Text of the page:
George Mann's Ghosts Of Manhattan claims to be the first "steampunk superhero" novel, and now you can judge its pulpy, Jazz-age noir sensibility for yourself. Pyr Books has the first six goggle-wearing, thug-punching chapters online for free.
As a fan of Mickey Spillane and various other ultra-pulpy writers, I'm easily seduced by the kind of two-fisted prose Mann is serving up here. Plus it's an alternate 1926, where the United States is mired in a Cold War with a British Empire that's just buried Queen Victoria at the age of 106, after artificially extending her life. And not only is it an alternate history, but the Ghost, our superhero, has some special technology in his goggles:
Reaching up, the Ghost felt under the brim of his hat until his fingers located the rim of his goggles. He tugged them down over his eyes, turning the lenses slowly away from the bridge of his nose. Everything took on a red sheen. Targeting circles floated, disembodied, before his vision. He cranked the lenses once again, tiny cogs whirring inside the device, and the view suddenly magnified, becoming sharp and bright. He could see the sidewalk five stories below as if he were only a few feet away.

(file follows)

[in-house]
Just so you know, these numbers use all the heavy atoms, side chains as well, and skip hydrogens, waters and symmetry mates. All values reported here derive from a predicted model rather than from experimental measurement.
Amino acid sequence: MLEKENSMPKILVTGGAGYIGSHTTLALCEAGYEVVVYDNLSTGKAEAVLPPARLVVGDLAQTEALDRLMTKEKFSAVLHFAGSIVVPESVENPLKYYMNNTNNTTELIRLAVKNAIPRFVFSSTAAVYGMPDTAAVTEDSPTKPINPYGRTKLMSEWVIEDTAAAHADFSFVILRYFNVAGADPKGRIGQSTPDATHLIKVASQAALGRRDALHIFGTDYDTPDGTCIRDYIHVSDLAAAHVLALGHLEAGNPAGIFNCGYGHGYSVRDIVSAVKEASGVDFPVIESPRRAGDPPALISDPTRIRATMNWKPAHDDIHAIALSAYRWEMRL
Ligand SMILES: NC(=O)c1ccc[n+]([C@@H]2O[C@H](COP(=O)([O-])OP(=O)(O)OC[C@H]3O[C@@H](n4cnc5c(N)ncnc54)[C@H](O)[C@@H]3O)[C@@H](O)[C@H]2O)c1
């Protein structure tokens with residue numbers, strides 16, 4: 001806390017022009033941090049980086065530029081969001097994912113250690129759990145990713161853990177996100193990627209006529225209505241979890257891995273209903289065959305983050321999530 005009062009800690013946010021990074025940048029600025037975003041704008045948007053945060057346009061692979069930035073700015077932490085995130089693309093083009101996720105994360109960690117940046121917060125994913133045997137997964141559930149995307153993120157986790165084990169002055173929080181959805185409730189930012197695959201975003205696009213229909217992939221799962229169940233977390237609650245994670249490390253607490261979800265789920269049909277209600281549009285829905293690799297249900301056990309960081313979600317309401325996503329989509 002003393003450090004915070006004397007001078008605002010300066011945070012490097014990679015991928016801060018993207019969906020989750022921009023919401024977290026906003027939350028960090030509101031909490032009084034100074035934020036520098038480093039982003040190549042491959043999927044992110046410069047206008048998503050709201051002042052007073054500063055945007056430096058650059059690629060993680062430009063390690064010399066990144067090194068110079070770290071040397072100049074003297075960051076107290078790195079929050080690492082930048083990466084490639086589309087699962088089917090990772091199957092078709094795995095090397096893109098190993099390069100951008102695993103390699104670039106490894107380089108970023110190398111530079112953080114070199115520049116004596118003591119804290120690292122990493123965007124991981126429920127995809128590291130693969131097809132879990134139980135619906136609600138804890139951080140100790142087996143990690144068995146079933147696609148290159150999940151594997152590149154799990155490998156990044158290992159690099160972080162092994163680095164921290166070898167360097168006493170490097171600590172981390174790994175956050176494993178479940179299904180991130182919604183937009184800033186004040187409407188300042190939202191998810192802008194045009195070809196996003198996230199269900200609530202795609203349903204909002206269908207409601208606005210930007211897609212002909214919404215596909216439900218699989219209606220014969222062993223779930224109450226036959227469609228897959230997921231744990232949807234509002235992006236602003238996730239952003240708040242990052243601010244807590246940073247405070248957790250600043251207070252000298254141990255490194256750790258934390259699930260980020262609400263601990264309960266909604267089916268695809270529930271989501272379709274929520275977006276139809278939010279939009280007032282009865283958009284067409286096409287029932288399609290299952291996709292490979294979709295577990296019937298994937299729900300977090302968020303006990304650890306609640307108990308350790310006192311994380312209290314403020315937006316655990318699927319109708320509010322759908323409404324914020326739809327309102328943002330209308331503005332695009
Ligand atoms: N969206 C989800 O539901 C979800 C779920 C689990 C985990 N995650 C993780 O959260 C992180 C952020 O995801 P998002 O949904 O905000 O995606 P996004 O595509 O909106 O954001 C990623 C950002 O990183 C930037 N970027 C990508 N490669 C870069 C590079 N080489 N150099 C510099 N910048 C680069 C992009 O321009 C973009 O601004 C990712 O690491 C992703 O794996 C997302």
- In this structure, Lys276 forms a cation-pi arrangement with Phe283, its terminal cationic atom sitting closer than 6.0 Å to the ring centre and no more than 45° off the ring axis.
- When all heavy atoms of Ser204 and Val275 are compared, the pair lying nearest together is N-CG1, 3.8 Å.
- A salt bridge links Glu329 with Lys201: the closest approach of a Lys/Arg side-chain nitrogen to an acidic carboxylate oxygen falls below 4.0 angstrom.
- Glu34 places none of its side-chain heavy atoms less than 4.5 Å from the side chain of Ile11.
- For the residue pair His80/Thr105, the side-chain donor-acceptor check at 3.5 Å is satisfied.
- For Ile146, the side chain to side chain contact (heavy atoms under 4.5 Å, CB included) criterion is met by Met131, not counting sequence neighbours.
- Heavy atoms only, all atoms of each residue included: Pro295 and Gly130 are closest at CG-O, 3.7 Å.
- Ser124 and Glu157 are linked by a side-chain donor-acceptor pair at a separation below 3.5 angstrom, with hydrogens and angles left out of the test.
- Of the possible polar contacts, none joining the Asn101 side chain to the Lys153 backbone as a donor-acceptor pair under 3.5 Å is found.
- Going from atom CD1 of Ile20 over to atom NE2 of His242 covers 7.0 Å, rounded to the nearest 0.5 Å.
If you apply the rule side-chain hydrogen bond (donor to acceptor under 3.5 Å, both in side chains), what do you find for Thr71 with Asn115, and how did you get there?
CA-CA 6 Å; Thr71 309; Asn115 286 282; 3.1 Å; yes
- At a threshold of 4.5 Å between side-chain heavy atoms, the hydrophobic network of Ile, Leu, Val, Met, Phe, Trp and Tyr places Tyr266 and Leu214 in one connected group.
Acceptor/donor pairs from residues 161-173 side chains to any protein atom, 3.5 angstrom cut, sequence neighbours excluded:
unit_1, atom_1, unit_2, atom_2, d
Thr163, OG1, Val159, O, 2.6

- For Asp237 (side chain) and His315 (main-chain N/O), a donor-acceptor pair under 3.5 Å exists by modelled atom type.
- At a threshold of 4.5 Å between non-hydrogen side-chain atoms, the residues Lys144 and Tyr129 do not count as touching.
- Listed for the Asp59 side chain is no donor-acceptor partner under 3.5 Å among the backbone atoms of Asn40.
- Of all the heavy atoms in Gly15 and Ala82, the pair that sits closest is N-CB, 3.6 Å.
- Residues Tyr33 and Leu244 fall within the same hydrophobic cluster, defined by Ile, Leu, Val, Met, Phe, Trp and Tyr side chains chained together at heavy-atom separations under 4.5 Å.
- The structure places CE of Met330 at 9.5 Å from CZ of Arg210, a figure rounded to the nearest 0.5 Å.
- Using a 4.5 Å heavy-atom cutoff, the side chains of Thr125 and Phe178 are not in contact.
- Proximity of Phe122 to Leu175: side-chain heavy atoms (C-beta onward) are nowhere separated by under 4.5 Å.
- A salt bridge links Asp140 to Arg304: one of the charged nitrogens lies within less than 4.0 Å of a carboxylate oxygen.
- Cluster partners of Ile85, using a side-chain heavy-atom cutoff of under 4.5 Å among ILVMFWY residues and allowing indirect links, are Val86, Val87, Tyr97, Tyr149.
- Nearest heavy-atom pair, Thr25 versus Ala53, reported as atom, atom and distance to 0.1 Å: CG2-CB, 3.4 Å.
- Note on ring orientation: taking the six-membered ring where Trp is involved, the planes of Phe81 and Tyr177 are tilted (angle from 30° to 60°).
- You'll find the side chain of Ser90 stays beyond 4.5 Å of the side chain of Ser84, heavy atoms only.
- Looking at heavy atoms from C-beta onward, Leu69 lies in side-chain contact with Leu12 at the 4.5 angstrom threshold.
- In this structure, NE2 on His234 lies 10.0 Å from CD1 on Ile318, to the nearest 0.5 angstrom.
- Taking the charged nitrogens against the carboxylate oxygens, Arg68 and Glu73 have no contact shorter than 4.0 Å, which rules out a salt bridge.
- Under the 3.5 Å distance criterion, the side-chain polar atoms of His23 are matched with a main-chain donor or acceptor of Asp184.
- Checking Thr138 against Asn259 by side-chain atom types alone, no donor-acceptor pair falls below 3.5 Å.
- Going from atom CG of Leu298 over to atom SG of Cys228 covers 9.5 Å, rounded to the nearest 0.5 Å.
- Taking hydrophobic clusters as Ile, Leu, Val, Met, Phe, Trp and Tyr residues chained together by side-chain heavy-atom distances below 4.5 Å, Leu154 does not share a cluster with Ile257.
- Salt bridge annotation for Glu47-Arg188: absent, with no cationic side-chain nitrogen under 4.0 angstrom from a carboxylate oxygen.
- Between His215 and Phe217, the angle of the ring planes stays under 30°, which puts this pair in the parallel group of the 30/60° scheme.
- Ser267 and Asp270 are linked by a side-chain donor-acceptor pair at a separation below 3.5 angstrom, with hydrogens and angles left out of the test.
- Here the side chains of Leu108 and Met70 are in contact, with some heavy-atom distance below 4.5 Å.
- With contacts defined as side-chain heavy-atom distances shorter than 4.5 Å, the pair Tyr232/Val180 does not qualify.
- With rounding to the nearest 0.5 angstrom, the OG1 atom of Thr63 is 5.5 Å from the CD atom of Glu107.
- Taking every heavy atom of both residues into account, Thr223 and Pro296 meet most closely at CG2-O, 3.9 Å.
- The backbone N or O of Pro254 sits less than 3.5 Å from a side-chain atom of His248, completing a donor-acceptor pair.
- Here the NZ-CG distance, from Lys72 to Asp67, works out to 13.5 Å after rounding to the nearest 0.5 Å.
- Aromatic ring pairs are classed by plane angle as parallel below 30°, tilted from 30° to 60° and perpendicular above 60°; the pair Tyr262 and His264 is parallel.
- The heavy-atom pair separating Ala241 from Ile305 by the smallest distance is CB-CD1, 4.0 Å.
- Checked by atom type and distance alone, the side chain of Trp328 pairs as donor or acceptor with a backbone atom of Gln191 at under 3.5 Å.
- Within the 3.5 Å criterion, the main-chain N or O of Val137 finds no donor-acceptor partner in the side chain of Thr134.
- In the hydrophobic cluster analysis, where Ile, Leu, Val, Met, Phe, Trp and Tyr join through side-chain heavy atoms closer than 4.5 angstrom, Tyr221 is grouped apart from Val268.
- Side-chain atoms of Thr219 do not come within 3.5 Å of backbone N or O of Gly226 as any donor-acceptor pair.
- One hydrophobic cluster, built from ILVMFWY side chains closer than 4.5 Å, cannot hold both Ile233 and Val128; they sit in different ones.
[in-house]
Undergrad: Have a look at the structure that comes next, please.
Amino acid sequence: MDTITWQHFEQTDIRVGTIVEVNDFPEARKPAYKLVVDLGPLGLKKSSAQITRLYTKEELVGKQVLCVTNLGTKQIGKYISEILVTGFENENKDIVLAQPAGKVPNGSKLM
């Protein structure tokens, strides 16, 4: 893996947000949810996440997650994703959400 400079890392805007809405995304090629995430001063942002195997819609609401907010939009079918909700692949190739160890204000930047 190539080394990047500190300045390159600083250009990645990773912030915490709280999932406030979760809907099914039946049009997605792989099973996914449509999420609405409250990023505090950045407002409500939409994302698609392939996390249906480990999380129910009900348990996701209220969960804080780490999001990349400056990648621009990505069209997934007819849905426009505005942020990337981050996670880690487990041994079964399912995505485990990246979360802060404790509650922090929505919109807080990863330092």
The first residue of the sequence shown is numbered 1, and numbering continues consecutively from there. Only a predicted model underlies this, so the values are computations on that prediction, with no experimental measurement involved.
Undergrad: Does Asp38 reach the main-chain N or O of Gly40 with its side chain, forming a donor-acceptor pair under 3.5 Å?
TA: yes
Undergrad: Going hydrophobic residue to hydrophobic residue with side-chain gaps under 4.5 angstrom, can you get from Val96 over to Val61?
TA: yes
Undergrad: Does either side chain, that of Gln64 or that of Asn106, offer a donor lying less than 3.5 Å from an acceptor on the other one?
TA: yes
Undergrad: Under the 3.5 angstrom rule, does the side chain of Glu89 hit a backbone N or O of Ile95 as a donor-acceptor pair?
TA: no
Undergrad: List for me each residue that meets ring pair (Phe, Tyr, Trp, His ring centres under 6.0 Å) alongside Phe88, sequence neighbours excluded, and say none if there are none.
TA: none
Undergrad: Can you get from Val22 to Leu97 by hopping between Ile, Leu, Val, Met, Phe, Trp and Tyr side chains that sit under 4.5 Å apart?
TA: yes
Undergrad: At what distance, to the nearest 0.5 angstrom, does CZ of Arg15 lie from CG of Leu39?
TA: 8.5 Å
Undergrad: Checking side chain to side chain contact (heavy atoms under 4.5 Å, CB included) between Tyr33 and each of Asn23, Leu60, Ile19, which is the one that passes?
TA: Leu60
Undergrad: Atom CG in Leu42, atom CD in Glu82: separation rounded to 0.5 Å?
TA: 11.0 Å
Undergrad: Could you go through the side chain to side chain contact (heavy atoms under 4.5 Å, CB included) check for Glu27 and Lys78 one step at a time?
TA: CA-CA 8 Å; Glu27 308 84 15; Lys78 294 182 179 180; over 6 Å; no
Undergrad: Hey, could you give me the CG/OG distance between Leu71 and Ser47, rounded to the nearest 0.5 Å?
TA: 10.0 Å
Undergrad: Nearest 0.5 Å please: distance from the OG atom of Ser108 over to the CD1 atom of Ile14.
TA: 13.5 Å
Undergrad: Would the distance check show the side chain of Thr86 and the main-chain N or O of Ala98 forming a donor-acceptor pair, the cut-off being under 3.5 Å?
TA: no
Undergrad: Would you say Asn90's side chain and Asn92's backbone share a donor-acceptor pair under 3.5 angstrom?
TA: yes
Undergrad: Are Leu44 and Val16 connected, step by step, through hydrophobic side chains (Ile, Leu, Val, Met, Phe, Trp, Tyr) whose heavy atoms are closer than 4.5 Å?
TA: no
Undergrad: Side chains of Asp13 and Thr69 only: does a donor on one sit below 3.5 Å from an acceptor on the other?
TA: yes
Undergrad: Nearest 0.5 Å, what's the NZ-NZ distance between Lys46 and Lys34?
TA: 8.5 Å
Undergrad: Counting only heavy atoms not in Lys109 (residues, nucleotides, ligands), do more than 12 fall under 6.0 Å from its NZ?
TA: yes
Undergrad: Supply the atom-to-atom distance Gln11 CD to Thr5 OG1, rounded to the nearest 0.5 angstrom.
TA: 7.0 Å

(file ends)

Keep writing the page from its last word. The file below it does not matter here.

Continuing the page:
The sound came to him again, a stifled cry. The Ghost tracked along the sidewalk toward where he thought it had originated. There, by the mouth of an alleyway, was a large armored car, thick iron plates cladding its sides to form a tank-like vehicle, the windshield just a slit in the otherwise impenetrable metal sheeting. The engine was running, and the exhaust chimney was belching oily black smoke as it burned coal at a furious rate. Behind this, in the alleyway itself, he sensed movement. He decided to investigate.
The Ghost flicked a switch on the side of his goggles and the lenses snapped back into place, returning his vision to normal. He glanced along the edge of the building, looking for the quickest route down to street level. Just a few feet away, a steel fire-escape ladder was fixed to the outside of the building. Shrugging to loosen his shoulders, the Ghost pulled himself up onto the stone lip of the building, ran sure-footed but carefully along the top of it, and dropped easily onto the metal platform below. His heavy boots rang out into the quiet night. Then, gripping the railings with his gloved fists, he used his weight to slide down from platform to platform, hitting the sidewalk a matter of moments later.